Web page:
YouTube TV removed and then restored programming from The Walt Disney Company (DIS) over the weekend after the two sides failed to reach an agreement to resolve a carriage dispute by the contract deadline. The platform owned by Alphabet Inc. (GOOGL) blacked out programming from Disney's roster of networks and live channels from its platform at 11:59 p.m. on Dec. 17, 2021—the deadline for renewing its carriage agreement with Disney. After agreeing to the terms of a renewal, it began restoring access on Dec. 19, 2021.
"We have already started to restore access to Disney networks like ESPN and FX, including their live and on-demand content, as well as any recordings that were previously in your Library," the company told viewers of its YouTube TV platform on Sunday. "We will also be turning on the local ABC stations over the course of the day."
Disney said that it was "pleased" to reach a new distribution agreement with Youtube TV. "We appreciate Google's collaboration to reach fair terms that are consistent with the market, and we're thrilled that our robust lineup of live sports and news plus kids, family and general entertainment programming is in the process of being restored to YouTube TV subscribers across the country," the company stated.
- Disney programming was briefly unavailable on YouTube TV after the two sides failed to resolve a dispute over carriage fees by the contract deadline.
- The brief disruption turned out to be profitable for YouTube TV viewers because the platform offered them a $15 credit for the latest billing cycle.
- An agreement broadens the reach of Disney networks across streaming platforms.
Among the Disney networks that were blacked out from YouTube TV are FX and National Geographic. Live TV from ABC and ESPN also became casualties of the blackout.
The brief disruption of Disney networks turned out to be profitable for YouTube TV subscribers. YouTube TV had said that it was reducing its fees from $64.99 to $49.99 and applied the change as a $15 credit in the next billing cycle to some YouTube TV subscribers. The company said that it would maintain the credit for this month for the affected members.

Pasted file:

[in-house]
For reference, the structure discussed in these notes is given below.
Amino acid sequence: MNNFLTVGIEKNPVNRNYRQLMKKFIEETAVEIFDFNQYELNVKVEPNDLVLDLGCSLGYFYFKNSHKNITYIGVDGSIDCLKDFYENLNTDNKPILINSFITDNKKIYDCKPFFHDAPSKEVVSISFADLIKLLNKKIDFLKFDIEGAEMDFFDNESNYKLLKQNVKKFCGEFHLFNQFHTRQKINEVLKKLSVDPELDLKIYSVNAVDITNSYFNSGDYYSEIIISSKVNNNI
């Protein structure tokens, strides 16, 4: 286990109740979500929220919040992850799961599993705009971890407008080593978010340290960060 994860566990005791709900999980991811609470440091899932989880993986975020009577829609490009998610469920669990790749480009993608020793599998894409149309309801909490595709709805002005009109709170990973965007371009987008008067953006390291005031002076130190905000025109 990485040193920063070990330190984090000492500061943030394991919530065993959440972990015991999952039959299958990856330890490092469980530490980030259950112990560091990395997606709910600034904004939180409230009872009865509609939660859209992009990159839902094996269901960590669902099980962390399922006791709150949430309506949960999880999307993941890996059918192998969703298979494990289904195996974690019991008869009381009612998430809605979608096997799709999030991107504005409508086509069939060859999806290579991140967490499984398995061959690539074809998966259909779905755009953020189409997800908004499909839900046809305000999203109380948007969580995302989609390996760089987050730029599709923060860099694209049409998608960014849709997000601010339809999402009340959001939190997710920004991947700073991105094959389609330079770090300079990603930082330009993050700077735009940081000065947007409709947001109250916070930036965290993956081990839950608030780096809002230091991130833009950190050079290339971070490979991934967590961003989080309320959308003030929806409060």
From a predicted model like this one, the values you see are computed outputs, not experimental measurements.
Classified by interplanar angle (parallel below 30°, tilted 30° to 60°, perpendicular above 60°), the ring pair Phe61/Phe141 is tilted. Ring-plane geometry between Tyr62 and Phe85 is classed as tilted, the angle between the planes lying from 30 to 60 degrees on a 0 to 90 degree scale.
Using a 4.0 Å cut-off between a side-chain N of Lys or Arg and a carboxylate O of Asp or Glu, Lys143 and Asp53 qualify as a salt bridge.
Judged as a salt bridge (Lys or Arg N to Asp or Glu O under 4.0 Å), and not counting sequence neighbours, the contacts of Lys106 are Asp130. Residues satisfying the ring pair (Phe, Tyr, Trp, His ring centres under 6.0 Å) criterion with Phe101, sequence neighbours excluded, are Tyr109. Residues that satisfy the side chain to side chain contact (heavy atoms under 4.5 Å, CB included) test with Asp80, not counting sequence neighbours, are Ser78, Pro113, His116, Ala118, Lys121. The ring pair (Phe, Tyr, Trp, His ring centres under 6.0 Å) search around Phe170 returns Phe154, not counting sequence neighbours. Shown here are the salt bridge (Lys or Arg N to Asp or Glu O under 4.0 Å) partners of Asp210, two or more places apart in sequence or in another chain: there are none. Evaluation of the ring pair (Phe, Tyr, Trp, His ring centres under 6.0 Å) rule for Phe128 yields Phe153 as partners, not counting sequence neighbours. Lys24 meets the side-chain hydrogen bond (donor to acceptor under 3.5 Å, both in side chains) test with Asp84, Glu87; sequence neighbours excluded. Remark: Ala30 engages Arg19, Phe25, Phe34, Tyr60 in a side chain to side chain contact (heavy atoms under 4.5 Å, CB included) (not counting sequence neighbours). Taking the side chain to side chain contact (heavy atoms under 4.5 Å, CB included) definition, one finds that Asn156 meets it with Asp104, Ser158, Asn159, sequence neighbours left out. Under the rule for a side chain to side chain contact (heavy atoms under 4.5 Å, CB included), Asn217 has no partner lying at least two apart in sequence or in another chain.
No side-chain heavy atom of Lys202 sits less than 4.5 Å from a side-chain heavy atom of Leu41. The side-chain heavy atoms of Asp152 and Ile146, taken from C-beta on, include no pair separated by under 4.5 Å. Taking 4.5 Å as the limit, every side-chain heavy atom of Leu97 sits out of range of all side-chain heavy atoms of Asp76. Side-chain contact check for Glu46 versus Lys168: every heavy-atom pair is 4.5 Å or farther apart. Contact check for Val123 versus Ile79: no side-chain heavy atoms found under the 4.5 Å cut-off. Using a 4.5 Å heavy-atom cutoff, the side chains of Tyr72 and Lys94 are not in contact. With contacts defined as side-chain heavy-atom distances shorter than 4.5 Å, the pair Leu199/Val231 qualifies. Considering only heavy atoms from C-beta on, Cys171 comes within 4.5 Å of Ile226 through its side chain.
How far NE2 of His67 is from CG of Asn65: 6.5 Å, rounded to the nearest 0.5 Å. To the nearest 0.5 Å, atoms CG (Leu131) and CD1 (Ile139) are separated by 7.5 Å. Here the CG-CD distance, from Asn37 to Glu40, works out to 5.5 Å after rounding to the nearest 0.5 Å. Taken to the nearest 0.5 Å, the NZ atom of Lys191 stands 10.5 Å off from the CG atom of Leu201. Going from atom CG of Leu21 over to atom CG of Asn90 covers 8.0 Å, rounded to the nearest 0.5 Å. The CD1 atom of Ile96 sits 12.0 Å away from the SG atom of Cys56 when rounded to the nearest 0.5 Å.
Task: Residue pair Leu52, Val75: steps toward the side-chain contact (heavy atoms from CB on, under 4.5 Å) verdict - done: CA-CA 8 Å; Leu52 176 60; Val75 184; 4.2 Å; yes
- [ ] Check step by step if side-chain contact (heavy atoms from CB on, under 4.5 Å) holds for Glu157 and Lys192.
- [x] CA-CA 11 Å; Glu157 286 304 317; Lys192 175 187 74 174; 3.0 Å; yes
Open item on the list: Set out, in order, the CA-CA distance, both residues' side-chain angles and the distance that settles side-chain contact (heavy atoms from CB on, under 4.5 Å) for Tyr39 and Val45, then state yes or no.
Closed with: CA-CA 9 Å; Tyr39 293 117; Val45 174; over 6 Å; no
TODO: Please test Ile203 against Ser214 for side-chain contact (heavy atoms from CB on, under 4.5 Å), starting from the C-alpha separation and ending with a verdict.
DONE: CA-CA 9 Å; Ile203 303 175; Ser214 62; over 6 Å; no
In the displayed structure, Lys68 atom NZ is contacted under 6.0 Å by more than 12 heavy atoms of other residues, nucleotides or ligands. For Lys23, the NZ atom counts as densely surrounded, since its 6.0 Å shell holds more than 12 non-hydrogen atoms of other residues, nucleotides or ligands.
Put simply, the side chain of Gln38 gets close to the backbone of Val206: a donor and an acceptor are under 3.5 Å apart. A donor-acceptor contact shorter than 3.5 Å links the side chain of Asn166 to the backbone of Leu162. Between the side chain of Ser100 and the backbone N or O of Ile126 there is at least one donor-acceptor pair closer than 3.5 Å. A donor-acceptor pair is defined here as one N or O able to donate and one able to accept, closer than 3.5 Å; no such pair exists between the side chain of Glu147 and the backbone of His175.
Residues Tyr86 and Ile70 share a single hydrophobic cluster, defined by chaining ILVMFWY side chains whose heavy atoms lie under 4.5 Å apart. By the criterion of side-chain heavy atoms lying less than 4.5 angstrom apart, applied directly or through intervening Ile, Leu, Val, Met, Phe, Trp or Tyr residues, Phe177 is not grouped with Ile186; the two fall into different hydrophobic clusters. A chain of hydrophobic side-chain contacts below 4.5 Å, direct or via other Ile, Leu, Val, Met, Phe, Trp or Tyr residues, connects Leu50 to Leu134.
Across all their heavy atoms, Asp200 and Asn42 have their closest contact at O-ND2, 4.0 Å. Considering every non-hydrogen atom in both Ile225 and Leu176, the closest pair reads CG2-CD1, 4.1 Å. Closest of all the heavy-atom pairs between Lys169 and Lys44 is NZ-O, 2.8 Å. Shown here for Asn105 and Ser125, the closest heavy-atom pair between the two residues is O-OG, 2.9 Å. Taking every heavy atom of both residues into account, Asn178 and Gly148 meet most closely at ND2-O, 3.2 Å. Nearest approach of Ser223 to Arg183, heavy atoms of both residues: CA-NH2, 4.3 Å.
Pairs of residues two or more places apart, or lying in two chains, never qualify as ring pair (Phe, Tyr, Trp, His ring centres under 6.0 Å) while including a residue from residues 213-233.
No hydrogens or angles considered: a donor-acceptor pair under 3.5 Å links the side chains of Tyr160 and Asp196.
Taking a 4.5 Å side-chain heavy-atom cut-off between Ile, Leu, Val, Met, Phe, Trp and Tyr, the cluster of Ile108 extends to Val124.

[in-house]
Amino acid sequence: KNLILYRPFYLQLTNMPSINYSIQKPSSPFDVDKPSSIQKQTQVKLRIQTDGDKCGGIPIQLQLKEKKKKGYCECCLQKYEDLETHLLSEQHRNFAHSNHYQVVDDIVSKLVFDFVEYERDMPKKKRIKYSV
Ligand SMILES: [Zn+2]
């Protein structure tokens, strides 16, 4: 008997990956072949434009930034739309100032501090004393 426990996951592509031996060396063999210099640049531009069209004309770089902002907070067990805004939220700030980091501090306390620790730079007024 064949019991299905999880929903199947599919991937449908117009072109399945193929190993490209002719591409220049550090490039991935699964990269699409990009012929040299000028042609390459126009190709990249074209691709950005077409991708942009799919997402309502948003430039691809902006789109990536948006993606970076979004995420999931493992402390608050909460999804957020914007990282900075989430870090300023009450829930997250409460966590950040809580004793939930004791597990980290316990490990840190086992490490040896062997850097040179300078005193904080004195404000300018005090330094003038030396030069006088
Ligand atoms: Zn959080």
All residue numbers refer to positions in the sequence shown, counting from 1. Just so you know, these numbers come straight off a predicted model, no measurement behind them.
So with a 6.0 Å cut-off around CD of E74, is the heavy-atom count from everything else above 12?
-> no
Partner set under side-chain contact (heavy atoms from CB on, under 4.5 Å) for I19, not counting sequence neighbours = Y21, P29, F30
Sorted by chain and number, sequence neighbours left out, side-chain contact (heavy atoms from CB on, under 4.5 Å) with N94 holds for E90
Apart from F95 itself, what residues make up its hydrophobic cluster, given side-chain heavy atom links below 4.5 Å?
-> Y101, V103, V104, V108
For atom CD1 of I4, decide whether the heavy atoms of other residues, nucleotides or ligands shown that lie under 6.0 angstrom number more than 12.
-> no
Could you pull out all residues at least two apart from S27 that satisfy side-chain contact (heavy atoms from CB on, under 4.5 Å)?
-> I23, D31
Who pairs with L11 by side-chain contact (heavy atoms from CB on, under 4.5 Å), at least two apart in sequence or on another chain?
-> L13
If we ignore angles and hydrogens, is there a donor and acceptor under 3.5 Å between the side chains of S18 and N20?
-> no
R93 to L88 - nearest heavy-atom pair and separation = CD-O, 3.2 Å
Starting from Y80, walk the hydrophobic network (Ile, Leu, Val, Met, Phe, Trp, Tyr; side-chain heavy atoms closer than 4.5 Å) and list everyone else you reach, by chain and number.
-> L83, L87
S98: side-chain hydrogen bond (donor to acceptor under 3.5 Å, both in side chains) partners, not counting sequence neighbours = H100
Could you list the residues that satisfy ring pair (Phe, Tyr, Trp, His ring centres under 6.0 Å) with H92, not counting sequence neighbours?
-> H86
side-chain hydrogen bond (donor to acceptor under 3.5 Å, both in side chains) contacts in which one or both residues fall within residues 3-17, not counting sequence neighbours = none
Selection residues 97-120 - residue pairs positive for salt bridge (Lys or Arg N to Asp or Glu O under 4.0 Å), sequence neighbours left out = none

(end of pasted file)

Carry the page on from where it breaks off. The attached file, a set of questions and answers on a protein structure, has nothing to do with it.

A Dispute Over Carriage Fees
The two sides were in negotiations to hash out an agreement over Disney content that includes 17 live channels and eight television stations. YouTube claimed that Disney was demanding more money for its programming than what other platforms, which are similar in size to YouTube, pay for it. The contractual clause is known as the Most Favored Nation (MFN) clause and requires Disney to match its carriage rates across the board for services of similar size. Disney resisted the change, countering that YouTube was declining to reach a "fair deal" based on "market terms and conditions." The companies did not disclose terms of the new deal.
The dispute highlights the increasing acrimony between programming networks and platforms over carriage fees at a time when viewers are defecting from the cable bundle of expensive channels to streaming options. YouTube TV was involved in a similar dispute with NBC, which is owned by Comcast Corporation (CMCSA), in October 2021 before the two sides reached an agreement to keep more than 14 NBC-owned channels on the platform. Disney had played hardball with Dish Network Corporation (DISH) in 2019 before agreeing to renew carriage for FX and National Geographic, two channels it acquired that year.
Disney's Streaming Gains
The deal keeps intact Disney's pivot to becoming a major streaming player by broadening the reach of its networks on over-the-air (OTA) platforms. In its blogpost announcing the dispute, YouTube TV redirected viewers to the Disney Bundle—a $13.99-per-month standalone service that includes Disney Plus, Hulu, and ESPN+.
Disney-owned Hulu is also one of the biggest Multichannel Video on Demand (MVOD) platforms—a category that encompasses Live TV and Video on Demand. (YouTube TV leads the pack with slightly over 4 million subscribers.)
While ESPN+ does not carry much live sports, Hulu's Live TV broadcasts ESPN linear feed network offerings. The streaming provider is also running an aggressive subscription marketing campaign for $0.99 per month for its on-demand channel. That should further bolster its subscription numbers in the coming quarter and help pick up the slack if Disney Plus fails to garner enough new subscribers.
At the end of last quarter, Hulu had 4 million subscribers for its Hulu Live offering and an average revenue per user (ARPU) of $84.89, a jump of 18% from last year's figures. In the past year, Disney investors have rewarded its stock for subscriber gains.